Jim gave Blair's shoulder a squeeze, encouraging him to go on. "So, I went to the hospital to find out how Simon and Megan were and then, once I knew they were going to be okay, I left. I was gonna go back to the loft and pack and leave you a note but I just couldn't bring myself to go back there so I just drove and drove. I must have been almost to Seattle when the accident happened. The police said it looked like I swerved to avoid hitting something, a deer maybe, and lost control and hit a tree."
Jim pulled Blair closer. "You didn't do anything wrong, Blair. I should have known you wouldn't have released your diss without talking to me. I panicked, I guess. I just couldn't see how I was going to continue my work, hell, even my life, if people thought I was some sort of freaking superhero. But I shouldn't have blamed you."
Blair shivered and Jim stood and pulled him to his feet. "Let's get back to the tent and get you warmed up, buddy. I'll redress your hand for you too."
Blair allowed himself to be pulled up to stand at Jim's side.
Blair looked up at him and smiled gently and Jim's heart gave a lurch at the forgiveness he hoped he saw in his eyes.
"Where do you want to go?" Jim asked hesitantly, wanting to trust Blair's honesty but fearful of the answer.
"I want to go home to Cascade," Blair replied, his voice sounding more sure than Jim had heard it over the past week.
Jim nodded. "I can't promise I won't screw up again, Chief, but I want you to come home, to the loft. We'll find something for you to do at the PD, if that's what you want. Simon had an idea for offering you a job as a civilian consultant, using your background in anthropology and all the work you've already done as my partner."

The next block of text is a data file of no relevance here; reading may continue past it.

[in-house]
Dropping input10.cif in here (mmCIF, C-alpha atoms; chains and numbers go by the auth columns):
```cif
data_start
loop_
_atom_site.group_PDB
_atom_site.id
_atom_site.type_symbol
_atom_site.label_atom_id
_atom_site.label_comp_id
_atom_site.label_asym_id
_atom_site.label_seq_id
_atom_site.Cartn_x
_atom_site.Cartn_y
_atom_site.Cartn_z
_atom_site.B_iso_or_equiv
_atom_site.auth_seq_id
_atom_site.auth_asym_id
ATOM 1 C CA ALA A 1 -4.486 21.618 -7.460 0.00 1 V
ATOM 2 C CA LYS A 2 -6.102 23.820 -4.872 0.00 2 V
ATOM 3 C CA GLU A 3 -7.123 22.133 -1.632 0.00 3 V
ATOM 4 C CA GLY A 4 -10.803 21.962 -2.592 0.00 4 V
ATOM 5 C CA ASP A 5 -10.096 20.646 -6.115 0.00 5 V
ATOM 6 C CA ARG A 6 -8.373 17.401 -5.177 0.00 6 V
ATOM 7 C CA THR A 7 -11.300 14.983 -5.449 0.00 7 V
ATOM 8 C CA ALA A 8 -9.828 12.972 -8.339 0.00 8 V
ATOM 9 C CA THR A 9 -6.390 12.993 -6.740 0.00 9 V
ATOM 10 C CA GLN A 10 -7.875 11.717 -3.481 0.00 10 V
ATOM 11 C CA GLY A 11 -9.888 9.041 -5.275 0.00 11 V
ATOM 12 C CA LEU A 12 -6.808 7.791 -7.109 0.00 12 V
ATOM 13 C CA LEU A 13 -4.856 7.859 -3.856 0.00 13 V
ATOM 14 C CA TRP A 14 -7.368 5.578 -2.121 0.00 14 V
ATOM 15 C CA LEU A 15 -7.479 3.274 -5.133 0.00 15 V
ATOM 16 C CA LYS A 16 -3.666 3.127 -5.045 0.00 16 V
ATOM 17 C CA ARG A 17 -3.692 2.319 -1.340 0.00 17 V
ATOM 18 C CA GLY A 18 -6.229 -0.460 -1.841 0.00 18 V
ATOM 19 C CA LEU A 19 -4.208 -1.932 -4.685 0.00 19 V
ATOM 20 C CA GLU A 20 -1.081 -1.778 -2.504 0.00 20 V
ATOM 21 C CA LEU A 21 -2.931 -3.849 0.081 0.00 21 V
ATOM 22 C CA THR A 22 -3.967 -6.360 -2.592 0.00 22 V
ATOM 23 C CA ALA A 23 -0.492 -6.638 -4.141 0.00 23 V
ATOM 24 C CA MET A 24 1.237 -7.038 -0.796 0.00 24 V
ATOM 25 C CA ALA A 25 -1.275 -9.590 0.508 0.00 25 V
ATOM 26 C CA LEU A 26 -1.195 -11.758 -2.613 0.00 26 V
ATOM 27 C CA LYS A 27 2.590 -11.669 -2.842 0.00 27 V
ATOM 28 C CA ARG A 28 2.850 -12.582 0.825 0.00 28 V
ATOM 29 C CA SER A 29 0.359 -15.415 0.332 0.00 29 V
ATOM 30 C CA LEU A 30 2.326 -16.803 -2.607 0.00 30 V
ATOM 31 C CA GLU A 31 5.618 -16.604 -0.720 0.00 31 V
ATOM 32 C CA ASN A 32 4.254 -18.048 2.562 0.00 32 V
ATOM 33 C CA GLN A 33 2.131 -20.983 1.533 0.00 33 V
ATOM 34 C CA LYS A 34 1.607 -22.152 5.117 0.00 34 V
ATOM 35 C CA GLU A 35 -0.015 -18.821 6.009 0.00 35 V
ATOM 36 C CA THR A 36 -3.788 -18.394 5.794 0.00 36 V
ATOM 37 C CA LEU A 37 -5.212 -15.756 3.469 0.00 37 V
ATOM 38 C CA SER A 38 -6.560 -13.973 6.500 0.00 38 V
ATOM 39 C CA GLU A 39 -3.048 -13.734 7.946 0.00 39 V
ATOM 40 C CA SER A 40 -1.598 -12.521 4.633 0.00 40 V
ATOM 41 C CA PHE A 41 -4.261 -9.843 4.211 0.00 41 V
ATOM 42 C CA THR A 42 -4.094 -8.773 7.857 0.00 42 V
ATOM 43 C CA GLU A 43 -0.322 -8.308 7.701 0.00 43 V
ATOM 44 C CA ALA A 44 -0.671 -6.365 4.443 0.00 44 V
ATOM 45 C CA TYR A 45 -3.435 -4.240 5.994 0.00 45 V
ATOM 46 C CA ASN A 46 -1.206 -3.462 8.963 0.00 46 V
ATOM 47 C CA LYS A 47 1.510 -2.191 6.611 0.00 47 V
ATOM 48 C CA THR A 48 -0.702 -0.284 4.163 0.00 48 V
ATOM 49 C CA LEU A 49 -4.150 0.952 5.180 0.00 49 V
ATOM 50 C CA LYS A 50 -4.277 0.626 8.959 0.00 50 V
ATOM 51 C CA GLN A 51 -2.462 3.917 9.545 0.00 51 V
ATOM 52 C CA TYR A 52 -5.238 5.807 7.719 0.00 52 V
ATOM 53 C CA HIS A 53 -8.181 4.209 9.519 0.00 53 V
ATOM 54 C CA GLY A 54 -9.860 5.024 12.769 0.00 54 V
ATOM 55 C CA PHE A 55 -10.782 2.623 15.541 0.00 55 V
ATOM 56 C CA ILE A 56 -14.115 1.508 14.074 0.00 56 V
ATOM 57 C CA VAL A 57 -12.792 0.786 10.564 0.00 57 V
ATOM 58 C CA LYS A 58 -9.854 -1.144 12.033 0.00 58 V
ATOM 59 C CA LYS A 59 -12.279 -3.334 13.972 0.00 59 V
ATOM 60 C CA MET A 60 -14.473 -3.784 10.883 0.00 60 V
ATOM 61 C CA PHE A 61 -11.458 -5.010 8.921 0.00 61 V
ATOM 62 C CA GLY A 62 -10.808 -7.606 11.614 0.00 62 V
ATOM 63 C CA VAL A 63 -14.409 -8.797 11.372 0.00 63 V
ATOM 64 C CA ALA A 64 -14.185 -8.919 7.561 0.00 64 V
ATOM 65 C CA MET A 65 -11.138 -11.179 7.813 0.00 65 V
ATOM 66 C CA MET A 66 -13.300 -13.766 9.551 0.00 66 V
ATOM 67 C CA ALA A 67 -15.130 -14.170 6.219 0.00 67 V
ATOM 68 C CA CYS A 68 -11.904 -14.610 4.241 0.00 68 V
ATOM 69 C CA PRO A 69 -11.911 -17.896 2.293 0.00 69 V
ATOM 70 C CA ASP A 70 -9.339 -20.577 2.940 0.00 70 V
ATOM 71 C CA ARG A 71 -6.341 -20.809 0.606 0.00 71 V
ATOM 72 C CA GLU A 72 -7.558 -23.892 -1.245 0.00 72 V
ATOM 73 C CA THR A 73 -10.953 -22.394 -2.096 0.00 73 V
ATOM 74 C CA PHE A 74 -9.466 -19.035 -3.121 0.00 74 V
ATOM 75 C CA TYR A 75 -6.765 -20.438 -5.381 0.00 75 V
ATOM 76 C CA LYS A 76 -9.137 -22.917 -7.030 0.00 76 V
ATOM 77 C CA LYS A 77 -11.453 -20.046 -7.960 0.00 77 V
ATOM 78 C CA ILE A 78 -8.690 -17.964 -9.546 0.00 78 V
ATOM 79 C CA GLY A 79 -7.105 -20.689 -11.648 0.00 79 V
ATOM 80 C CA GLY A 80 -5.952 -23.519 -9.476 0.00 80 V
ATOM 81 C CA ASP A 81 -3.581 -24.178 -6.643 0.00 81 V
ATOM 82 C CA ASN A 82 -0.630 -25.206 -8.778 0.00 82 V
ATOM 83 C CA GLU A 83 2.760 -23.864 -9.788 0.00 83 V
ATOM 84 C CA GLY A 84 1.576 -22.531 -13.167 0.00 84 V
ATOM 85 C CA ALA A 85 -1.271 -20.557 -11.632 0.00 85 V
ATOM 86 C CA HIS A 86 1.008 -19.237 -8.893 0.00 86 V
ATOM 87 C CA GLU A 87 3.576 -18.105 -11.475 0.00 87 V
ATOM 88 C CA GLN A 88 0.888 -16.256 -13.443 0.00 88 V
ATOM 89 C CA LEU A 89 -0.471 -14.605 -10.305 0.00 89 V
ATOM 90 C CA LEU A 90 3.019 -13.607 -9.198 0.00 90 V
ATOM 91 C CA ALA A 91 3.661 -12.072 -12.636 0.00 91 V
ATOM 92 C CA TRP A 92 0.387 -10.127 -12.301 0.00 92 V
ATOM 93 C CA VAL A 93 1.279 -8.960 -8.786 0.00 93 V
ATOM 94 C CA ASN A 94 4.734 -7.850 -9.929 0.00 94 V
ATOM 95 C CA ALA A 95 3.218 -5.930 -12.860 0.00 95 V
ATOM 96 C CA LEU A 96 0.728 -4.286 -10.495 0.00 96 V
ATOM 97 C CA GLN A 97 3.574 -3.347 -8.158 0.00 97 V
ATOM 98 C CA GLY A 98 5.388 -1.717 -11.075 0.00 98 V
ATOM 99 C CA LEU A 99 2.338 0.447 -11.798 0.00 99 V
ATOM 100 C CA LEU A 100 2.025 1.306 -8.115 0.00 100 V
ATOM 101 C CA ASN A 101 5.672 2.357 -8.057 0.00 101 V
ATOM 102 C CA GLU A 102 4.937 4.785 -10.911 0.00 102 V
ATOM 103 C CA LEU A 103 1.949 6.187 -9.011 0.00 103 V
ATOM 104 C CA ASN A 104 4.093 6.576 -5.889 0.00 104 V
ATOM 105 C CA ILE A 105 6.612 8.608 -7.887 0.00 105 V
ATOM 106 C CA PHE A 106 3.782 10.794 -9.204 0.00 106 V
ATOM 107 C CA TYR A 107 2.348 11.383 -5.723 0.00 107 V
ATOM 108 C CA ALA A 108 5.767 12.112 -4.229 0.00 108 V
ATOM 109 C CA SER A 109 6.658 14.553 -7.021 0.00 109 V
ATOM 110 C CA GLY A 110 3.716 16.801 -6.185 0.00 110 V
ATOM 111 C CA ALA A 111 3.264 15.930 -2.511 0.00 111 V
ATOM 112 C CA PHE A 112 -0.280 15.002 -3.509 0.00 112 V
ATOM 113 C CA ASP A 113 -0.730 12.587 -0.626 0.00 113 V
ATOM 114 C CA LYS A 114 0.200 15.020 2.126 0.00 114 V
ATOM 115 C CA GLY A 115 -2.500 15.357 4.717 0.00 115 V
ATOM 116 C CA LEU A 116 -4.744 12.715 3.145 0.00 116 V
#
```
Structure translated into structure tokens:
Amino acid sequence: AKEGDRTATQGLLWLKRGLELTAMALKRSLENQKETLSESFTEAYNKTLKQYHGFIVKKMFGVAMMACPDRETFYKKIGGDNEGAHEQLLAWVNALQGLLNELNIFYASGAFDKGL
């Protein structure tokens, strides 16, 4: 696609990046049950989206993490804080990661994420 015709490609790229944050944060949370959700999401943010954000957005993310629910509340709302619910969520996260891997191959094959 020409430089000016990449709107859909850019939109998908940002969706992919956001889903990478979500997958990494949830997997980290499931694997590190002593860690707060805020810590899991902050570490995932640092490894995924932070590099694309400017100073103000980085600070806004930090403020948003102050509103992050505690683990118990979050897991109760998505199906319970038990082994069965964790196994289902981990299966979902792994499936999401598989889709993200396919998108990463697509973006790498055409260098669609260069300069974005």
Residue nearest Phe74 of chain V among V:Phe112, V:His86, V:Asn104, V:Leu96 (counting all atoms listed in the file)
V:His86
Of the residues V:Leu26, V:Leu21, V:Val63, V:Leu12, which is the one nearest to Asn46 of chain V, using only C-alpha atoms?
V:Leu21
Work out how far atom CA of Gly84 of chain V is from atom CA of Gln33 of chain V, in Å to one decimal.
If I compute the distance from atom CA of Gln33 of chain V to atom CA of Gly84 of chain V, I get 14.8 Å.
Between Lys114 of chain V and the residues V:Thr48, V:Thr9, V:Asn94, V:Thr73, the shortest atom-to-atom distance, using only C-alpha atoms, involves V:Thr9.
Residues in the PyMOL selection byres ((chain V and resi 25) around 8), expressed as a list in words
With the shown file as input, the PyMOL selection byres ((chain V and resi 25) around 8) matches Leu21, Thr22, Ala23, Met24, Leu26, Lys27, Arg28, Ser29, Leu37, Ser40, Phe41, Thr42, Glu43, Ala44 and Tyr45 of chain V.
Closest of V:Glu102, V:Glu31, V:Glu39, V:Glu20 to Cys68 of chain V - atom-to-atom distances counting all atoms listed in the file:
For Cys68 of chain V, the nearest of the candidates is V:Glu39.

"I don't know," Blair said. "I mean, where did I get off following you around the past three years, pretending I was a cop?"
Jim grinned. "This self-deprecation doesn't suit you, you know? You may have been just an observer but you're the best cop I've ever met, you've been a great friend and you've pulled me through some pretty weird stuff."
Blair shrugged and looked up at him. "Thanks," he murmured. "I'll think it over, all right?"
"Will you come back to the loft, Blair?" Jim asked.
Blair hesitated for only a moment. "Yeah, I still feel like it's my home too."
"It is. It always will be, for as long as you want it to be," Jim assured him.
Blair nodded. "Let's go then." He began walking toward the campsite then stopped and turned as Jim called his name.
"Are we okay, Chief?" Jim asked, walking up to place an arm around his Guide's shoulders.
"Not quite yet, Jim," Blair replied, the love shining from his eyes as he looked up at the Sentinel taking any sting from the words. "But, I think we're going to be."